As part of a weeklong series on Las Vegas, The New York Times has this sidebar article on a union that is strong, growing and able to deliver the goods for its members.
Ask people here why Las Vegas is the nation's fastest-growing city, and they point to the thriving casino industry and to its ever-growing appetite for workers.
But there is another, little understood force contributing to the allure of Las Vegas, a force often viewed as the casino industry's archnemesis. It is Culinary Local 226, also called the Culinary, the city's largest labor union, an unusual - and unusually successful - union that has done a spectacular job catapulting thousands of dishwashers, hotel maids and other unskilled workers into the middle class.
In most other cities, these workers live near the poverty line. But thanks in large part to the Culinary, in Las Vegas these workers often own homes and have Rolls-Royce health coverage, a solid pension plan and three weeks of vacation a year.
The Culinary's extraordinary success at delivering for its 48,000 members beckons newcomers from far and wide. By many measures, the Culinary is the nation's most successful union local; its membership has nearly tripled from 18,000 in the late 1980's, even as the rest of the labor movement has shrunk. The Culinary is such a force that one in 10 people here is covered by its health plan, and more than 90 percent of the hotel workers on the Strip belong to the union. The union is also unusual because it is a rainbow coalition, 65 percent nonwhite and 70 percent female. It includes immigrants from Central America, refugees from the Balkan wars and blacks from the Deep South.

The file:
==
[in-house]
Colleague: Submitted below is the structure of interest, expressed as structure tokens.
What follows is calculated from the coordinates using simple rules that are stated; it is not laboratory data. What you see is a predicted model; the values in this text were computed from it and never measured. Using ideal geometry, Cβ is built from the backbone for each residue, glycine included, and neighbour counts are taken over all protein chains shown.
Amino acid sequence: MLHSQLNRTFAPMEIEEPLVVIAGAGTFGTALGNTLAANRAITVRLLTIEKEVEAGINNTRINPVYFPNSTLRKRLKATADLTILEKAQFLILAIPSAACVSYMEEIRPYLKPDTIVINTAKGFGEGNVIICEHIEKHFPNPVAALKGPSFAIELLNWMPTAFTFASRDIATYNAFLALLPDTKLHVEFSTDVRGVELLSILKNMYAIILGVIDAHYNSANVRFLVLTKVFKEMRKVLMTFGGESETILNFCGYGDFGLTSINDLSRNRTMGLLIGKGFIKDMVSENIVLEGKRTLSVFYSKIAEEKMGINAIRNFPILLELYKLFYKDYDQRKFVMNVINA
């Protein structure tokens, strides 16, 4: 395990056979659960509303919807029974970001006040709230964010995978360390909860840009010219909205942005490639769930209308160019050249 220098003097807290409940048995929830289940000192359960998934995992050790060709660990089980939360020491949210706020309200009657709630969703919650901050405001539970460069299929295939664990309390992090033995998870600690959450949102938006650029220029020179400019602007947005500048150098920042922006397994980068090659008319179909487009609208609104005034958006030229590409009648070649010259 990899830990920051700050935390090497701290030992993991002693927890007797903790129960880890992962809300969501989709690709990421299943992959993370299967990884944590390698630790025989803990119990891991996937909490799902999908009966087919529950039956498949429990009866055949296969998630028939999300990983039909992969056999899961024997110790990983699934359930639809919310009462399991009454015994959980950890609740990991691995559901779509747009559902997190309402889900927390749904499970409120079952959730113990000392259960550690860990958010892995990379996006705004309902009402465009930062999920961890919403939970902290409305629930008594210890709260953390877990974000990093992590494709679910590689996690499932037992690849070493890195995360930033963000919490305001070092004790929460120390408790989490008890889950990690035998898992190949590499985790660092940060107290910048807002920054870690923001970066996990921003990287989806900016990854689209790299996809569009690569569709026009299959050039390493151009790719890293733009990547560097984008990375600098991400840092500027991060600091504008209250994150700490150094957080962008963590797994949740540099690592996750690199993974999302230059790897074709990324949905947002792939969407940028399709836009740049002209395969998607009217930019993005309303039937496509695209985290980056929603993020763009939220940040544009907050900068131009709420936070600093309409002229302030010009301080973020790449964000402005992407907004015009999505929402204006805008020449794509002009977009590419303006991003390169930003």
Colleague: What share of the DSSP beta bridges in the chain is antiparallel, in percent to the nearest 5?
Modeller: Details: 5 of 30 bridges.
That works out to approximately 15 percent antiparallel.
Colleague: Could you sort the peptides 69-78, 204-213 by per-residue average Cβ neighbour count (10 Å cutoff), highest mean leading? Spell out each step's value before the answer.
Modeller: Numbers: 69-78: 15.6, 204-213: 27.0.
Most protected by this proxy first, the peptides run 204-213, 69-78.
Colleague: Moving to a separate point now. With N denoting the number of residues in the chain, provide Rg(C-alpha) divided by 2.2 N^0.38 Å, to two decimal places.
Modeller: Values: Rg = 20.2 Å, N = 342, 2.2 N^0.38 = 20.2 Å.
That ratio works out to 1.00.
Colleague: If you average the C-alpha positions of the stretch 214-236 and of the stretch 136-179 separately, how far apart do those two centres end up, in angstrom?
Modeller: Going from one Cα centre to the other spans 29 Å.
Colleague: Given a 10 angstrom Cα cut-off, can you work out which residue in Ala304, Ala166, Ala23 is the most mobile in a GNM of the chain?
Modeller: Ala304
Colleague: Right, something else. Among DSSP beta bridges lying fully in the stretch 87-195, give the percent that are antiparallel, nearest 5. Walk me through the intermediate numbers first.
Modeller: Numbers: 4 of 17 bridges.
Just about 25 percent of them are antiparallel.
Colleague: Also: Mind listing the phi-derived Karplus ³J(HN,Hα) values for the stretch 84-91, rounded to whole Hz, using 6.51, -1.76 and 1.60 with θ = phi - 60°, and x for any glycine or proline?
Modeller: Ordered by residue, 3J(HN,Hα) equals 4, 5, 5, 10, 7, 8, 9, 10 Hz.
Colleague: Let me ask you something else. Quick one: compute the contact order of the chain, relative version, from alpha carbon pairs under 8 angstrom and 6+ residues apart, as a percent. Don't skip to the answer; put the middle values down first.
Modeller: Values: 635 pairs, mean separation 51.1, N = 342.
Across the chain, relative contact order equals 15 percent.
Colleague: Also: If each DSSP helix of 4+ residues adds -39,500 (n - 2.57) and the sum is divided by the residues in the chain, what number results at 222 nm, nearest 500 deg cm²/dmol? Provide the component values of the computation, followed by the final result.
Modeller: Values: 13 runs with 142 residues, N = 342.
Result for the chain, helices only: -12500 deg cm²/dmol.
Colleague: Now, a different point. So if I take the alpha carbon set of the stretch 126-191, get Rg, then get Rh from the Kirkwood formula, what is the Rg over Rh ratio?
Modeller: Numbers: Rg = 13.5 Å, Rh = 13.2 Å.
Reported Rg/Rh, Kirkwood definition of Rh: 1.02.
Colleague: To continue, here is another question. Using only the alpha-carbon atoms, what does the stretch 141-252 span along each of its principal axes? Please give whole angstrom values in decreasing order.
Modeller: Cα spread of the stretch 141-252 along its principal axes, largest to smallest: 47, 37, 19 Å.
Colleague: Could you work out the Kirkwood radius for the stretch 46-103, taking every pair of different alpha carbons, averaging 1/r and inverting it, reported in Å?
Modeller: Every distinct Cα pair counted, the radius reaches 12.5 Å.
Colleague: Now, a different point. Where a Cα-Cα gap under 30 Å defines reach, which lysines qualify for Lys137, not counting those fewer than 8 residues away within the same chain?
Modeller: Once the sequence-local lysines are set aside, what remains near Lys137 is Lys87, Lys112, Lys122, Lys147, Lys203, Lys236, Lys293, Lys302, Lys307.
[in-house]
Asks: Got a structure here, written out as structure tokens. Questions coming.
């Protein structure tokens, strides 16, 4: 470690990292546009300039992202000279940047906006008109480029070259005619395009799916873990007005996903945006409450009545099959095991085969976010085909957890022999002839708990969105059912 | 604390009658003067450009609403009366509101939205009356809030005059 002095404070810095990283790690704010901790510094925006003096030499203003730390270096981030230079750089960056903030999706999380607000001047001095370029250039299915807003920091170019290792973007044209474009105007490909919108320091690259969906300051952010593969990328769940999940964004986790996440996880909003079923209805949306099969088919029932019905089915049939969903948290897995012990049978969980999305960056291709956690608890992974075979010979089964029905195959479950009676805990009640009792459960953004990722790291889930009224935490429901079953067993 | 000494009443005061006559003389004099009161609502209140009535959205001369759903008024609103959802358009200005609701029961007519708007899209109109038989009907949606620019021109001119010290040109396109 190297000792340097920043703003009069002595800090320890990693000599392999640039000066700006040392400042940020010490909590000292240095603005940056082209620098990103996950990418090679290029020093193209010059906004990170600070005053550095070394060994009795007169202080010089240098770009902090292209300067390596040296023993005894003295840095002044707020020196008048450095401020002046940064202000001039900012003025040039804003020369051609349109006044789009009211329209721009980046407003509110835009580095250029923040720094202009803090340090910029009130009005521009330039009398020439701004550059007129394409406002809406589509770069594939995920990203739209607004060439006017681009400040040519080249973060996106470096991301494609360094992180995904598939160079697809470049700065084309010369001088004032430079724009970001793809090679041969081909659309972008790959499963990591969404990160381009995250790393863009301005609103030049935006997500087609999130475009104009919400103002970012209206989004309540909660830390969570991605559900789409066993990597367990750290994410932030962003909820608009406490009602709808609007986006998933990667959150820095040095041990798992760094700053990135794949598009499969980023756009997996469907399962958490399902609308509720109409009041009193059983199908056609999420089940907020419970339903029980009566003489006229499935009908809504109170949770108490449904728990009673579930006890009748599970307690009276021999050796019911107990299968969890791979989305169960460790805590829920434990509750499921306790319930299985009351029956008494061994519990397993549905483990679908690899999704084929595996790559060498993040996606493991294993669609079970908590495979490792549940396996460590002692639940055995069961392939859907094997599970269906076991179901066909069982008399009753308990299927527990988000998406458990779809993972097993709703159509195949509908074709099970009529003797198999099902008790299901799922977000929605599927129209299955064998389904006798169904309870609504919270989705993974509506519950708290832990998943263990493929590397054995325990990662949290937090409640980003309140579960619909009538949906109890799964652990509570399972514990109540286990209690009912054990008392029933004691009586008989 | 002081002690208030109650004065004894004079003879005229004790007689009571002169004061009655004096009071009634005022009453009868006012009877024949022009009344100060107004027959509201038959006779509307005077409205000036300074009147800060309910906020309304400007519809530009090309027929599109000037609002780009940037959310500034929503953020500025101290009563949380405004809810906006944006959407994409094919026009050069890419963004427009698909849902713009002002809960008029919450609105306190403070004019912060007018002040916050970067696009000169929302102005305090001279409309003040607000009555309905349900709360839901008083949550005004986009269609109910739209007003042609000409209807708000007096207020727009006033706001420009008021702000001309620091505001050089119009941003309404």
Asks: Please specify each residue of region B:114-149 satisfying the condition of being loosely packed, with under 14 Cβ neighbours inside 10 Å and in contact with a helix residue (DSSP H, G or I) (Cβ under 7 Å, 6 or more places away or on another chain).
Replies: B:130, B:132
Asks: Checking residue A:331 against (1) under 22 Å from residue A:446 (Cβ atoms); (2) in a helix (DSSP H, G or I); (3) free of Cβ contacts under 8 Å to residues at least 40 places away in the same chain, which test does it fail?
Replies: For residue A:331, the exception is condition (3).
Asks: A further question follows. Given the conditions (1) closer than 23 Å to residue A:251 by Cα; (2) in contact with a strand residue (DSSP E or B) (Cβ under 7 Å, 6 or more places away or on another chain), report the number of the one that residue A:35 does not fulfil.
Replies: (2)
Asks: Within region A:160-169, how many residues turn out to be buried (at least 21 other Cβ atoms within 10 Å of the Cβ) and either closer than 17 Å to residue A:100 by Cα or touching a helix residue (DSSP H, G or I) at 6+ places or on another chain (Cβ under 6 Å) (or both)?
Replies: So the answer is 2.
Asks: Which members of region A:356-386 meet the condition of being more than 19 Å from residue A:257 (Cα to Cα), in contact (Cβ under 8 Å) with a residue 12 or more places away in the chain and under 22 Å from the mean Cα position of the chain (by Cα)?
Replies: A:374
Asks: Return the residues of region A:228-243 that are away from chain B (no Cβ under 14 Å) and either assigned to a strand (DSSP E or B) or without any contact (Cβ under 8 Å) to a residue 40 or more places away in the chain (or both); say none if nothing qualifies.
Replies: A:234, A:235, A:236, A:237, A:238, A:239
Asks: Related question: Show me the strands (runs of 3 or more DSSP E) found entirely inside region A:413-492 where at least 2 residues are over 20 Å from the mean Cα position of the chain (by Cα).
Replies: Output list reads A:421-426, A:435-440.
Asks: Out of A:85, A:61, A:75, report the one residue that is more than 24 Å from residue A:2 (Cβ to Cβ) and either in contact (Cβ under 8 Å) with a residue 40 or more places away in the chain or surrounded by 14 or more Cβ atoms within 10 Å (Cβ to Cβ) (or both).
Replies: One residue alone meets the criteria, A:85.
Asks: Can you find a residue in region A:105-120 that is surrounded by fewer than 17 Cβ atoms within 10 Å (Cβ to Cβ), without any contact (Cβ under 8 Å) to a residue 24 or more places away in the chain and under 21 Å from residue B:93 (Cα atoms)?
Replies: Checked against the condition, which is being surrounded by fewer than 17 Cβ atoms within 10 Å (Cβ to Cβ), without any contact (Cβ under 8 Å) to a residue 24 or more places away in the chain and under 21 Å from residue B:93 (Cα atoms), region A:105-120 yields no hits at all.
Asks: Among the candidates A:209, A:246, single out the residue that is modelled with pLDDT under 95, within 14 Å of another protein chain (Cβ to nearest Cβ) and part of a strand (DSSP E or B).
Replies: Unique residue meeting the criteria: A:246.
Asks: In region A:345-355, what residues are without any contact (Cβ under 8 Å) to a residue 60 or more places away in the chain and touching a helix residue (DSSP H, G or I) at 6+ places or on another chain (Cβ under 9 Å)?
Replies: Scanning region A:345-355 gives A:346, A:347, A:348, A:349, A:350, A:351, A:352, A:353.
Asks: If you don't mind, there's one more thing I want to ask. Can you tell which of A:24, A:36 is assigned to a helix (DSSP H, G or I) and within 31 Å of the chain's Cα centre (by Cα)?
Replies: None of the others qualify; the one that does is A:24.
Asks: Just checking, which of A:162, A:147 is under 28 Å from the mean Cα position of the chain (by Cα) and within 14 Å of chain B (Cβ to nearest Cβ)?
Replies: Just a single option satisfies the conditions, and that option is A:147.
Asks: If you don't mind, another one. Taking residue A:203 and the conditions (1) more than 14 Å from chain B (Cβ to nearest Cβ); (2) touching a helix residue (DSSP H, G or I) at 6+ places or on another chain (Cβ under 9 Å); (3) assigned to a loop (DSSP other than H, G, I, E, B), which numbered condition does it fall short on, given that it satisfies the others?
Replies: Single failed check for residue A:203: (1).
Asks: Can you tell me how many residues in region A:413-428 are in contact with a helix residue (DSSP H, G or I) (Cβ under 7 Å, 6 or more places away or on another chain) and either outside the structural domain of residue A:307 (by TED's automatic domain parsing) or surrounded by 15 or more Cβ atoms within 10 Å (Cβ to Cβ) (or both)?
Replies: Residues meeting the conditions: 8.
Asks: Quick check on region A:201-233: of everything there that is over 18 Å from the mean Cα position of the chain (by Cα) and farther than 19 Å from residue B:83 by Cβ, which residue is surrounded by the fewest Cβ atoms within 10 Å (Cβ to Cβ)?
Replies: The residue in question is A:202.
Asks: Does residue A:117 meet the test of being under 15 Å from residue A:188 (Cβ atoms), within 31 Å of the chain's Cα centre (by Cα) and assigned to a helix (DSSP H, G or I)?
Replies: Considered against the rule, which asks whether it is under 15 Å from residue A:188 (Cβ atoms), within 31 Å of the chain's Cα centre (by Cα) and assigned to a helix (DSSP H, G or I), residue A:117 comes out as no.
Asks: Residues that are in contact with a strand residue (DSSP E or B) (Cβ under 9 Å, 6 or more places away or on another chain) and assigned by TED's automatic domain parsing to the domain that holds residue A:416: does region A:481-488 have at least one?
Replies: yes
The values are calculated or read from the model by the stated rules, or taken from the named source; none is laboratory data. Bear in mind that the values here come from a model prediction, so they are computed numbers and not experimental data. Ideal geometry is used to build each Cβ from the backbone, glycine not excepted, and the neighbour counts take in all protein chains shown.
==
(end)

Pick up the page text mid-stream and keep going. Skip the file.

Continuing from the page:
Read the rest here.
It is my belief that one of the key battles for the progressive movement over the next generation will be reinventing the workers’ movement. I don’t know what form the next workers’ movement will take. It might be through revitalized unions or something entirely new.
One of the primary reasons for the decline of unions over the last generation has been that workers have largely viewed unions as irrelevant. Perhaps many of the current unions are. Most current unions were created to protect workers in an industrial economy. They did not foresee an economy based on service workers or information workers.
One of the problems of the information economy is that the workers see themselves as professionals and not laborers. Professions don’t organize for reasons that have little to do their practical economic life. They will be one of the main fronts in the war for the next workers’ movement.
For now, I’m looking for things that work in the new world. In time, I hope the outlines of the next workers’ movement will take shape.
Crossposted at From the Trenches.